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Review – Iceberg Vodkas

Posted by Reese on 2014-01-04 @ 04:00pm

As far as spirits go, vodka does not have much character. A really good vodka will taste only of clean alcohol with very little else to distinguish it. One way to add character would be to flavor it, but those who have shopped with me (Elisabeth especially) know how horrified I am by the flavors of vodka on the market — whipped creme? toasted marshmallow? Yeah…no.

Iceberg Vodkas

Iceberg Vodka from Canada recently sent me four vodkas to taste: their regular unflavored vodka and cucumber, creme brulee and chocolate mint flavors.

The regular vodka (40% ABV) smells and tastes like a pure vodka should, with no aromas and no lingering flavors on the palate. Very clean, crisp and drinkable.

The cucumber vodka (35 % ABV) has a slightly off scent — more like cucumber peels, rather than the crisp scent you would expect from a peeled cucumber. It does taste cucumbery. Elisabeth didn’t find this flavor appealing at all, although she is not a cucumber lover either. I think this could be a really interesting vodka for a Bloody Mary or Dirty Martini. For an interesting twist, you could add this to a Pimm’s Cup or a twist on the traditional vodka tonic, perhaps.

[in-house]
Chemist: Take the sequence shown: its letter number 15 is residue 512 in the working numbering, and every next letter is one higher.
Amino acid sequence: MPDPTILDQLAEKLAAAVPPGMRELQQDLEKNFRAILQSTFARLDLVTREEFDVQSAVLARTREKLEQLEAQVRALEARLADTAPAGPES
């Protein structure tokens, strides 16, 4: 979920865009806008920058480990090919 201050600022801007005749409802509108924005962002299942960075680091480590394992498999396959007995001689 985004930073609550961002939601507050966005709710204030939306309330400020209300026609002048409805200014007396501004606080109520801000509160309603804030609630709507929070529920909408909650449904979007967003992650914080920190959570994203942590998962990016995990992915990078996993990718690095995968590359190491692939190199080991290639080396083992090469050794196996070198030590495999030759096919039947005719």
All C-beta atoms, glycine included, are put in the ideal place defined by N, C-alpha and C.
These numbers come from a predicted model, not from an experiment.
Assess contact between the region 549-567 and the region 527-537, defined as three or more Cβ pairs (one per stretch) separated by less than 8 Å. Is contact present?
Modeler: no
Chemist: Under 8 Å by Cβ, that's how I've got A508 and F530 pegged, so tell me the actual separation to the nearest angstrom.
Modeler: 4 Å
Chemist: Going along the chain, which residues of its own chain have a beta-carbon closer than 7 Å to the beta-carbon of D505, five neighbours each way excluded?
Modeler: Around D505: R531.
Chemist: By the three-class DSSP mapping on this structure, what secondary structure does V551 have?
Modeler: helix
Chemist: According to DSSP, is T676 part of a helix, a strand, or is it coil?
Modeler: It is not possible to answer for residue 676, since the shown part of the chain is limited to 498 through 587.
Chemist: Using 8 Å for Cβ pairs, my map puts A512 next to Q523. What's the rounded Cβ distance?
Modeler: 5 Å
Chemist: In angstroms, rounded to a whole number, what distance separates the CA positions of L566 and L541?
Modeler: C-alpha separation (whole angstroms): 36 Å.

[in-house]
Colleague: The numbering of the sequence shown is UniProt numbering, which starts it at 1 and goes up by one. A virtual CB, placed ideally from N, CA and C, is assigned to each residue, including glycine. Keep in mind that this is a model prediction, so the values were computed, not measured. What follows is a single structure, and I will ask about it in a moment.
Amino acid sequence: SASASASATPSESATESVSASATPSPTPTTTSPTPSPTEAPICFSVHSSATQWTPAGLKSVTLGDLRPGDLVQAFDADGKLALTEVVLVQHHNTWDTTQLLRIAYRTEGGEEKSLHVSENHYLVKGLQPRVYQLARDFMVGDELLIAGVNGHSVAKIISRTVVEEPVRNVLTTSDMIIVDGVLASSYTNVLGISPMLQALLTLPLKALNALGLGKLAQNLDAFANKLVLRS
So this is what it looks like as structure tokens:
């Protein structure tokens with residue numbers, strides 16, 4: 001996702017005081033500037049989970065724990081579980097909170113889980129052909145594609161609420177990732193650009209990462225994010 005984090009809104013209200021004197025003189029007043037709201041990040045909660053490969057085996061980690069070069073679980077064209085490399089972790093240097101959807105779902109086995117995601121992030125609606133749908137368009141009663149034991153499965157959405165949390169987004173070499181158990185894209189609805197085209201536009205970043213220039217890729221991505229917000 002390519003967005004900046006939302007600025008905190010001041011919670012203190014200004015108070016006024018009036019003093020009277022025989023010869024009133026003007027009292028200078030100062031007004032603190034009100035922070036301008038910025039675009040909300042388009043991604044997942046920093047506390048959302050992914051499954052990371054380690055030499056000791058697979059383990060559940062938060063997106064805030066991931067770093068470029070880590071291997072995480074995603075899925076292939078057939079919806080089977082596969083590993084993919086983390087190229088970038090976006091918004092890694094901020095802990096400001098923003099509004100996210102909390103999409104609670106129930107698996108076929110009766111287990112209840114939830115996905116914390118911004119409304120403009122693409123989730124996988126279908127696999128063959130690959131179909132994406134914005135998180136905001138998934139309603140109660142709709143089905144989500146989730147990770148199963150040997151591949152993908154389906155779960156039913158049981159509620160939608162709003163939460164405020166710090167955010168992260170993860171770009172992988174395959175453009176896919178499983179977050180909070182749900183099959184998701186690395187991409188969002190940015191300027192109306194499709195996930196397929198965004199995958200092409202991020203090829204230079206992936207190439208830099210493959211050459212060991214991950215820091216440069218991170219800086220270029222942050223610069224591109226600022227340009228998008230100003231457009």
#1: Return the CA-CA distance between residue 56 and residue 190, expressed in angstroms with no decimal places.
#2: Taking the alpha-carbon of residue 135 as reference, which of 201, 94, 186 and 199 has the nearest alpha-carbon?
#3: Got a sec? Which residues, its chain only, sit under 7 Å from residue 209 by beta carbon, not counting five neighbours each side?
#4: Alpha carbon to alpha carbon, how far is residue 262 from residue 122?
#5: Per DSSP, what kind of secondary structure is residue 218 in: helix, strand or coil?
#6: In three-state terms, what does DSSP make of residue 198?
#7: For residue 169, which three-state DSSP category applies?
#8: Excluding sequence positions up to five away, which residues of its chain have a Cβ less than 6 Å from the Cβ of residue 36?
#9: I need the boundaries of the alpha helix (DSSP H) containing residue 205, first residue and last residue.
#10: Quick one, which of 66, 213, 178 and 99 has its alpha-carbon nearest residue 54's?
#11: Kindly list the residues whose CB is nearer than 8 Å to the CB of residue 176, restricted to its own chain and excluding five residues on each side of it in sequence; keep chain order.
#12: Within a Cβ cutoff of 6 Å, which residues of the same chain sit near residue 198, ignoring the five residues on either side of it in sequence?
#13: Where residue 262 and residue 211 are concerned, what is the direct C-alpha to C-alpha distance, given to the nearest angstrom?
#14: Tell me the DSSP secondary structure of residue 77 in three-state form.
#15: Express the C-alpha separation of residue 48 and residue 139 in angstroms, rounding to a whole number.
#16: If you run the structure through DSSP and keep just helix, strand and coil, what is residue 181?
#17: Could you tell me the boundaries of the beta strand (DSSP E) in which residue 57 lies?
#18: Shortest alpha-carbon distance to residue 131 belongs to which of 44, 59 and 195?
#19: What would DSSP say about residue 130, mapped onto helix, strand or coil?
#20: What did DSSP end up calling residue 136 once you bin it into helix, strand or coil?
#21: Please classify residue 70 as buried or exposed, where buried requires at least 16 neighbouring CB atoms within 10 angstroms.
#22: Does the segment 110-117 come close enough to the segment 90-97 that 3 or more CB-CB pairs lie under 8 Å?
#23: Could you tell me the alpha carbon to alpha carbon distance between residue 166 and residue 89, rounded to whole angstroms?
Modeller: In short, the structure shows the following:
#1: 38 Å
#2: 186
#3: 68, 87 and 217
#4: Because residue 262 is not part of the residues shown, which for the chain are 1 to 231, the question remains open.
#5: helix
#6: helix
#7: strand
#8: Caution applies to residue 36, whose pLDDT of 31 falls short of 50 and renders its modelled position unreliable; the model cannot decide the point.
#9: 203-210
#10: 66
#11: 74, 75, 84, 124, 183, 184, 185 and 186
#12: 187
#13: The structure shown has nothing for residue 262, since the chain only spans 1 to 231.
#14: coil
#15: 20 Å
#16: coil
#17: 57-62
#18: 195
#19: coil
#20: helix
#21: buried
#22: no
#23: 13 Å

The creme brulee vodka (35% ABV) had a great buttery caramel vanilla aroma reminiscent of custard fresh out of the oven. The vodka comes off as slightly sweet with a toffee-like flavor that is fairly subtle. This vodka does not have an overpowering or fake flavor, as so many other creme brulee/toffee liqueurs will. It would be a great addition to hot chocolate, although its subtle flavor may be lost if you mix it with it an ingredient that’s strongly flavored.

The chocolate mint flavor (35% ABV) smells just like an Andes Mint. Elisabeth tasted this one first, and almost refused to let me have any. The vodka is definitely reminiscent of Andes Mints: not overly sweet with well balanced chocolate and mint flavors. Again, this would work great in a hot chocolate, but why not add to a mudslide or something similar for a little minty kick.

Overall, these were pretty tasty flavored vodkas. Cucumber vodka, like most savory infusions, will be the most difficult for me to use. The Iceberg Vodka website also had great suggestions for cocktails based on all the different flavors. So, am I a flavored vodka convert? Probably not. I’ll still reach for gin more often than a flavored vodka. But, if you’re looking for a unique twist on a traditional vodka cocktail these might be just what you’re looking for.